Headline, August 13 2021/ ''' '' MASK GUIDANCE MAST '' '''


 MAST '' '''

HEALTHY VACCINATED PEOPLE WHO are unlikely to face complications have to decide what level of risk they are willing to tolerate. Delta variant is spreading rapidly now and accounts for more than 83 percent of the cases in US and around the world.

! BEWARE ! : PEOPLE INFECTED WITH THE DELTA VARIANT are known to shed much higher levels of virus for longer periods of time compared with earlier lineages of the coronavirus.

One preliminary study estimates that viral load is 1,000 times greater in people with the Delta variant. Those high viral loads give the virus more opportunities to challenge your antibodies and breakthrough your vaccine's protection.

'' This is twice as transmissible as the original lineage of Covid,'' said Dr. Hoetz. '' The reproductive number of virus is around 6,'' he said referring to the number of people a virus carrier is likely to infect. '' That means 85 percent of the population need to be vaccinated. Only a few areas of any country are reaching that.''

MASK GUIDANCE GAINS NUANCE THE WORLD OVER. Whether to step up defenses against Covid-19 variants depends on setting.

As the delta variant of Covid spreads among the unvaccinated, many fully vaccinated people are also beginning to worry. Is it time to mask up again?

While there's no one-size-fits-all answer to the question, most experts agree that masks remain a wise precaution in certain settings for both the vaccinated and unvaccinated. Last week, the U.S. Centers for Disease Control recommended that fully vaccinated people ''wear a mask in public indoor settings in areas of substantial or high transmission.''

How often you use a mask will depend on personal health tolerance and risk, the infection and vaccination rates in your community, and whom you're spending time with as well as local mandates.

The bottom line is this : While being vaccinated protects against serious illness and hospitalization from Covid-19, the vaccine offers 100 percent protection. As long as large numbers of people remain unvaccinated and continue to spread coronavirus, vaccinated people will be exposed to the Delta-variant, and a smaller percentage of them will develop so-called breakthrough infections.


First ask yourself these questions.

.- Are the people I'm with also vaccinated?

.- What's the case rate and vaccination rate in my community?

.- Will I be in a poorly ventilated indoor space, or outside? Will the increased risk of exposure last for a few minutes or for hours?

.- What's my personal risk [or the risk for those around me] for complications from Covid-19?

Experts agree that if everyone you're with is vaccinated and symptoms-free, you don't need to wear a mask.

''I don't wear a mask hanging out with hanging out with other vaccinated people,'' said Dr. Ashish K Jha, dean of the Brown University School of Public Health in Providence, R.I. ''I don't even think about it. I'm going to the office with a bunch of people, and they're all vaccinated. I'm not worried about it.''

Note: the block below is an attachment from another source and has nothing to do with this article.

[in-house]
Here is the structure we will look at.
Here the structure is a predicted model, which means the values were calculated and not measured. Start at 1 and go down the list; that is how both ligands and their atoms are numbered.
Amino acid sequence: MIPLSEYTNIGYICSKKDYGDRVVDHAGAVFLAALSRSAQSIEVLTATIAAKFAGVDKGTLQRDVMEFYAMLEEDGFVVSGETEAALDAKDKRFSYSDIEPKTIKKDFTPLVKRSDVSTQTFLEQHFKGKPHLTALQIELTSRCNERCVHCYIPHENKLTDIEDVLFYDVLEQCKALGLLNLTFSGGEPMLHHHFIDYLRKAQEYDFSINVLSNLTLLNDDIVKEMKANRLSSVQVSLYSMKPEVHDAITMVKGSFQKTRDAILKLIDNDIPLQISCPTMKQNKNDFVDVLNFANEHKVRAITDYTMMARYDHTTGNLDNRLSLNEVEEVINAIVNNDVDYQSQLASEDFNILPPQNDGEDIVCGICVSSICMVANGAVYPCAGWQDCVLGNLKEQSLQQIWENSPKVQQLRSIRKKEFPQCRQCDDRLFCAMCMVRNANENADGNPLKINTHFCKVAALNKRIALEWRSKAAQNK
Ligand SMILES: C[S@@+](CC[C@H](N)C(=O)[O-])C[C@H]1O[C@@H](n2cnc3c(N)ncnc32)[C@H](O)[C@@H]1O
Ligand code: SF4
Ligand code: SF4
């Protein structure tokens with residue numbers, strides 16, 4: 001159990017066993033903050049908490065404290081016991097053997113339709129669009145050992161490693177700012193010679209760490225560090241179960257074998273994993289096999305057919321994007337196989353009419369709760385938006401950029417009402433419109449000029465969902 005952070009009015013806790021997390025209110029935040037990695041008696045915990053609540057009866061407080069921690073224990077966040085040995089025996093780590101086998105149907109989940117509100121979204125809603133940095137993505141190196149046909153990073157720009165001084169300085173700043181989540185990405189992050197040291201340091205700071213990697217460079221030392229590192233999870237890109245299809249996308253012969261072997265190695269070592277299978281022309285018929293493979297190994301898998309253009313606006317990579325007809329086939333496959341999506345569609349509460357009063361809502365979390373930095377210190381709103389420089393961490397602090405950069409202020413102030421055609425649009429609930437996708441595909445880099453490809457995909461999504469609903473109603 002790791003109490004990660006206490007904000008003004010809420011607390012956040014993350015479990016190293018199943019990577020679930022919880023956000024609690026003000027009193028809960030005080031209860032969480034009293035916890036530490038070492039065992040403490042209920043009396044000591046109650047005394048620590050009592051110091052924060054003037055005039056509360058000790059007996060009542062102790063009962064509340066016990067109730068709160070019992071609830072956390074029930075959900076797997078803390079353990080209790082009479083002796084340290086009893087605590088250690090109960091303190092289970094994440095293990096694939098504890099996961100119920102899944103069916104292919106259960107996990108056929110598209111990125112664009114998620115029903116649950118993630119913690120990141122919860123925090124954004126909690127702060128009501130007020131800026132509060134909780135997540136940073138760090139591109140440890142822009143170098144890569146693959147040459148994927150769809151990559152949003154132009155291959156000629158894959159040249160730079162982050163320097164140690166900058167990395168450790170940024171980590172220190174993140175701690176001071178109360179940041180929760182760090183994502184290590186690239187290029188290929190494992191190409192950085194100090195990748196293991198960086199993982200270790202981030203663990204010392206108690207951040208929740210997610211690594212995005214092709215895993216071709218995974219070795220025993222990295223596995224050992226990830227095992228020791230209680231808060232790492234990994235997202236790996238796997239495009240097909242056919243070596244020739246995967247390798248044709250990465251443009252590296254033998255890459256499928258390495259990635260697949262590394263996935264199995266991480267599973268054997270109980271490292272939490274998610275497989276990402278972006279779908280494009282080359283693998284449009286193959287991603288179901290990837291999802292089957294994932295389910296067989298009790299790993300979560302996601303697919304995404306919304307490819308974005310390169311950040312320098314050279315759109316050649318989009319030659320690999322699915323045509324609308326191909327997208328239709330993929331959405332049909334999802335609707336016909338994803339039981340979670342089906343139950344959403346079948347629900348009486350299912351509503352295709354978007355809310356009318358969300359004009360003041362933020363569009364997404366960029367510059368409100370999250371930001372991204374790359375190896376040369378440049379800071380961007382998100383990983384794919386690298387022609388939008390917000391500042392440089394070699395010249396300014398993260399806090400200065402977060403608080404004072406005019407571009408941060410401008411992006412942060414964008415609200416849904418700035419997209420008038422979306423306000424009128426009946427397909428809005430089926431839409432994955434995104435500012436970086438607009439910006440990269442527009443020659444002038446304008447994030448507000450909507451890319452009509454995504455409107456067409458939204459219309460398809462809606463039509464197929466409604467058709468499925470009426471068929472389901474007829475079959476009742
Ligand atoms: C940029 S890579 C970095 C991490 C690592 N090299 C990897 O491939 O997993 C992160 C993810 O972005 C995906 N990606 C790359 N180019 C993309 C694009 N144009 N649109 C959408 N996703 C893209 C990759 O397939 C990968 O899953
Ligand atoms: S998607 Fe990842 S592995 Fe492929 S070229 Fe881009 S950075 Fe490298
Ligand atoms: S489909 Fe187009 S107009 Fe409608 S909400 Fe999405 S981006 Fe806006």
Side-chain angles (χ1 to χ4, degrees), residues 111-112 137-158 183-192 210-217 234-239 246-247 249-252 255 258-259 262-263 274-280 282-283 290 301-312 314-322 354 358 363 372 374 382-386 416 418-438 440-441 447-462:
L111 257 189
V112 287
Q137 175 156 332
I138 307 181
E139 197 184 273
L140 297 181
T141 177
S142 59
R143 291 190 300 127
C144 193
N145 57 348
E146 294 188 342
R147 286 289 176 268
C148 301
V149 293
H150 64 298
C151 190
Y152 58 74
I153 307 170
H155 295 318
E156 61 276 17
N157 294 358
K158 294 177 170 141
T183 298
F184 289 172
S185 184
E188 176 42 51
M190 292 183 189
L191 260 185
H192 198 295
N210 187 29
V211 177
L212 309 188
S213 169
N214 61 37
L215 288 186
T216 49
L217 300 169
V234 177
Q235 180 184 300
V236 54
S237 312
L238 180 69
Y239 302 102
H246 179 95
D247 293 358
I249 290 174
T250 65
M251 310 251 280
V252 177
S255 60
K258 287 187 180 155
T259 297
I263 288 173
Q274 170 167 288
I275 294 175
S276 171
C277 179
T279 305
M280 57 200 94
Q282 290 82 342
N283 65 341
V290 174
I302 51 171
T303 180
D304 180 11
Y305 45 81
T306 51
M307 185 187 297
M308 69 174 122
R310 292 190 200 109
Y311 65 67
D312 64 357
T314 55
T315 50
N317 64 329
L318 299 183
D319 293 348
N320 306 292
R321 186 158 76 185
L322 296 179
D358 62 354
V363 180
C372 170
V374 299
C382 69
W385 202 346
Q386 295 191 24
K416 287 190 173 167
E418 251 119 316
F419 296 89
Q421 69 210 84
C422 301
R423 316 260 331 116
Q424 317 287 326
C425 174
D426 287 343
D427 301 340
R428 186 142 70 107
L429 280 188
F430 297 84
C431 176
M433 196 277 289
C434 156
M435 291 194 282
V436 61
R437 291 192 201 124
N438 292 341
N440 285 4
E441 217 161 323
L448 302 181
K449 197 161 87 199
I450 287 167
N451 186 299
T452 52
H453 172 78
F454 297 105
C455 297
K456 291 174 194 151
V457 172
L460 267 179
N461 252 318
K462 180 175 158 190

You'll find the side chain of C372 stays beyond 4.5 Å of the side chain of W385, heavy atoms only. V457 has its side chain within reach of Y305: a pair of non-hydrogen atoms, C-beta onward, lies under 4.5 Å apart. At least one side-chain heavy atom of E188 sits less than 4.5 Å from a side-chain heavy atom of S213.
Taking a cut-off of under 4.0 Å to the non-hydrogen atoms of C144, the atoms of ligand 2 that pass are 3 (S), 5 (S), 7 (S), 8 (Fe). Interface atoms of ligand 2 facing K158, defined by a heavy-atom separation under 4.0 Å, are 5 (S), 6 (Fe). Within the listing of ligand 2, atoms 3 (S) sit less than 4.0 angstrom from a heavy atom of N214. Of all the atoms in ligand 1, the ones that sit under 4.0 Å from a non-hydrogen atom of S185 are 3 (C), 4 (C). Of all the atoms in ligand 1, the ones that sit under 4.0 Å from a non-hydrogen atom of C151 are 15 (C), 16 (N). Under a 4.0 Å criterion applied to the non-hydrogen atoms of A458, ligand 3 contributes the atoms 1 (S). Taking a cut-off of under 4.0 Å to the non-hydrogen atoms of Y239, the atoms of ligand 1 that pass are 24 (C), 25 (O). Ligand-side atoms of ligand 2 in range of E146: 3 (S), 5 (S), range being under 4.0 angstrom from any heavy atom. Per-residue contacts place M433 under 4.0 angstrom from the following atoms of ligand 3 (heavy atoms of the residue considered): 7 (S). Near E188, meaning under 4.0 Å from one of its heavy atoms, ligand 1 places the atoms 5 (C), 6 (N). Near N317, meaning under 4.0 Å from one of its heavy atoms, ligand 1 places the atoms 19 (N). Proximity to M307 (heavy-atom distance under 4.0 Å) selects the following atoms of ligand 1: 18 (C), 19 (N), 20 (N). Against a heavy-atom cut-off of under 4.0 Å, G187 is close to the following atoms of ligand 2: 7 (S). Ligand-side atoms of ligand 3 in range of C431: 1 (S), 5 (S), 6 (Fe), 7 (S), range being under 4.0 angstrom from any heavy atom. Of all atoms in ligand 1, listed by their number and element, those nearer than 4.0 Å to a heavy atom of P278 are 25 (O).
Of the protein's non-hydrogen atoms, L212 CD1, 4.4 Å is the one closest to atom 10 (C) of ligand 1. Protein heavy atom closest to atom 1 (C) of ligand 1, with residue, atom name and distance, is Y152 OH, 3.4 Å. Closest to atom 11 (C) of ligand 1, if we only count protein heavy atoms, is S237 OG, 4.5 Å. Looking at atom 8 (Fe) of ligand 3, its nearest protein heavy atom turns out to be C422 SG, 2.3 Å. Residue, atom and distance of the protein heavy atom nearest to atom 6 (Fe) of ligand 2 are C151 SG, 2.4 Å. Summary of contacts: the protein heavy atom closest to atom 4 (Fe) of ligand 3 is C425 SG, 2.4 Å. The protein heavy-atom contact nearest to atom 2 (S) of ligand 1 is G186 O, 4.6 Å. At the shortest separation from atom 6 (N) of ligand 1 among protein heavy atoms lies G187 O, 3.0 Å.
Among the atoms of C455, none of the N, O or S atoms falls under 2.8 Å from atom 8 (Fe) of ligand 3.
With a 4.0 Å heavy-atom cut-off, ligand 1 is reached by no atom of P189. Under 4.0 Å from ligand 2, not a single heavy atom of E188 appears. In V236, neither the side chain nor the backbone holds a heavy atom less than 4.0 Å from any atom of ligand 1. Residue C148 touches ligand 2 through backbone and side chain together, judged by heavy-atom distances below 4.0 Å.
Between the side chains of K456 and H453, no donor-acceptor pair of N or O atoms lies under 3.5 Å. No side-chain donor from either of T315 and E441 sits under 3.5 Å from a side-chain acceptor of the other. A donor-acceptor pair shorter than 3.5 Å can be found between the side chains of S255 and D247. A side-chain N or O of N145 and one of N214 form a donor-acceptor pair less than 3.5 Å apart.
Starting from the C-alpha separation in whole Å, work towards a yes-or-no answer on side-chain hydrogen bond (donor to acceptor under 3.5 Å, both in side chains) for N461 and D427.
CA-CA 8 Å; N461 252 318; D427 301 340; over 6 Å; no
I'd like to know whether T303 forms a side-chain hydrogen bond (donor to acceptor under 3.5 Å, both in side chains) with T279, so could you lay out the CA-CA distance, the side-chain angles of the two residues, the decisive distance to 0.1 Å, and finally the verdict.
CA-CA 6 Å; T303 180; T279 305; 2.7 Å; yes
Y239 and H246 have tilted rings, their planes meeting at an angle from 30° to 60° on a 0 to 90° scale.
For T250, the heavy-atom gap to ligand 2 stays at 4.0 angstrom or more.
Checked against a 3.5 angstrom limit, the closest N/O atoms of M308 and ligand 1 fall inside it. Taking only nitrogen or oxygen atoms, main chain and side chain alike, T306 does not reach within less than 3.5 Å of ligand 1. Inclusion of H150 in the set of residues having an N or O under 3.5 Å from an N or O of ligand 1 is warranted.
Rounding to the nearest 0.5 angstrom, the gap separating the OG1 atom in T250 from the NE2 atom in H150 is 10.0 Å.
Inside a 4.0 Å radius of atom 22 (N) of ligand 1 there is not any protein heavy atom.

But once you start to venture into enclosed public spaces where the chances of your encountering unvaccinated people are greater, a mask is probably a good idea. Being fully vaccinated remains the strongest protection against Covid-19, but risk is cumulative.

The more opportunities you give the virus to challenge the antibodies you've built up from your vaccine, the higher your risk of coming into contact with a large enough exposure that the virus will break through the protective barrier generated by your vaccine.

For that reason, the case rate and vaccination rate of your community are among the most important factors influencing the need for masks. In Vermont, Massachusetts, Connecticut and Rhode Island.

For instance, more than 70 percent of adults are fully vaccinated. In Alabama, Mississippi and Arkansas, fewer than 45 percent of adults are vaccinated. In some U.S. counties, overall vaccination rates are far lower.

''We're two Covid nations right now,'' said Dr. Peter Hotez, dean of the National School Of Tropical Medicine at Baylor College of Medicine in Houston and co-director of the Center for Vaccine Development at Texas's Children's Hospital. 

In Harris County Texas, where Dr. Hotez lives, case counts have been rising, up by 116 percent over two weeks in July, and less than half the community is fully vaccinated. ''I'm wearing a mask indoors most of the time,'' Dr. Hotez said.

FINALLY, masking is more important in poorly ventilated indoor spaces than outdoors, where risk of infection is extremely low. Dr. Jha notes that he recently dashed into a coffee shop, unmasked, because in his area of the country, infection rates are low and vaccination rates are high.

Your personal risk matters, too. If you are older or immune compromised, your antibody response to the vaccine may not be as strong as a young person's. Avoiding crowded spaces and wearing a mask when you're indoors and don't know the vaccination status of those around is a good idea.

The Honor and Serving of the Latest Global Operational Research on the Pandemic and the State-of-the-World practises and defenses, continues. to Part 2. The World Students Society thanks author Tara-Parker Pope.

With respectful dedication to the World, and then Students, Professors and Teachers. See Ya all prepare and register for Great Global Elections on The World Students Society : wssciw.blogspot.com and Twitter -!E-WOW! - The Ecosystem 2011 :

Good Night and God Bless

SAM Daily Times - the Voice of the Voiceless


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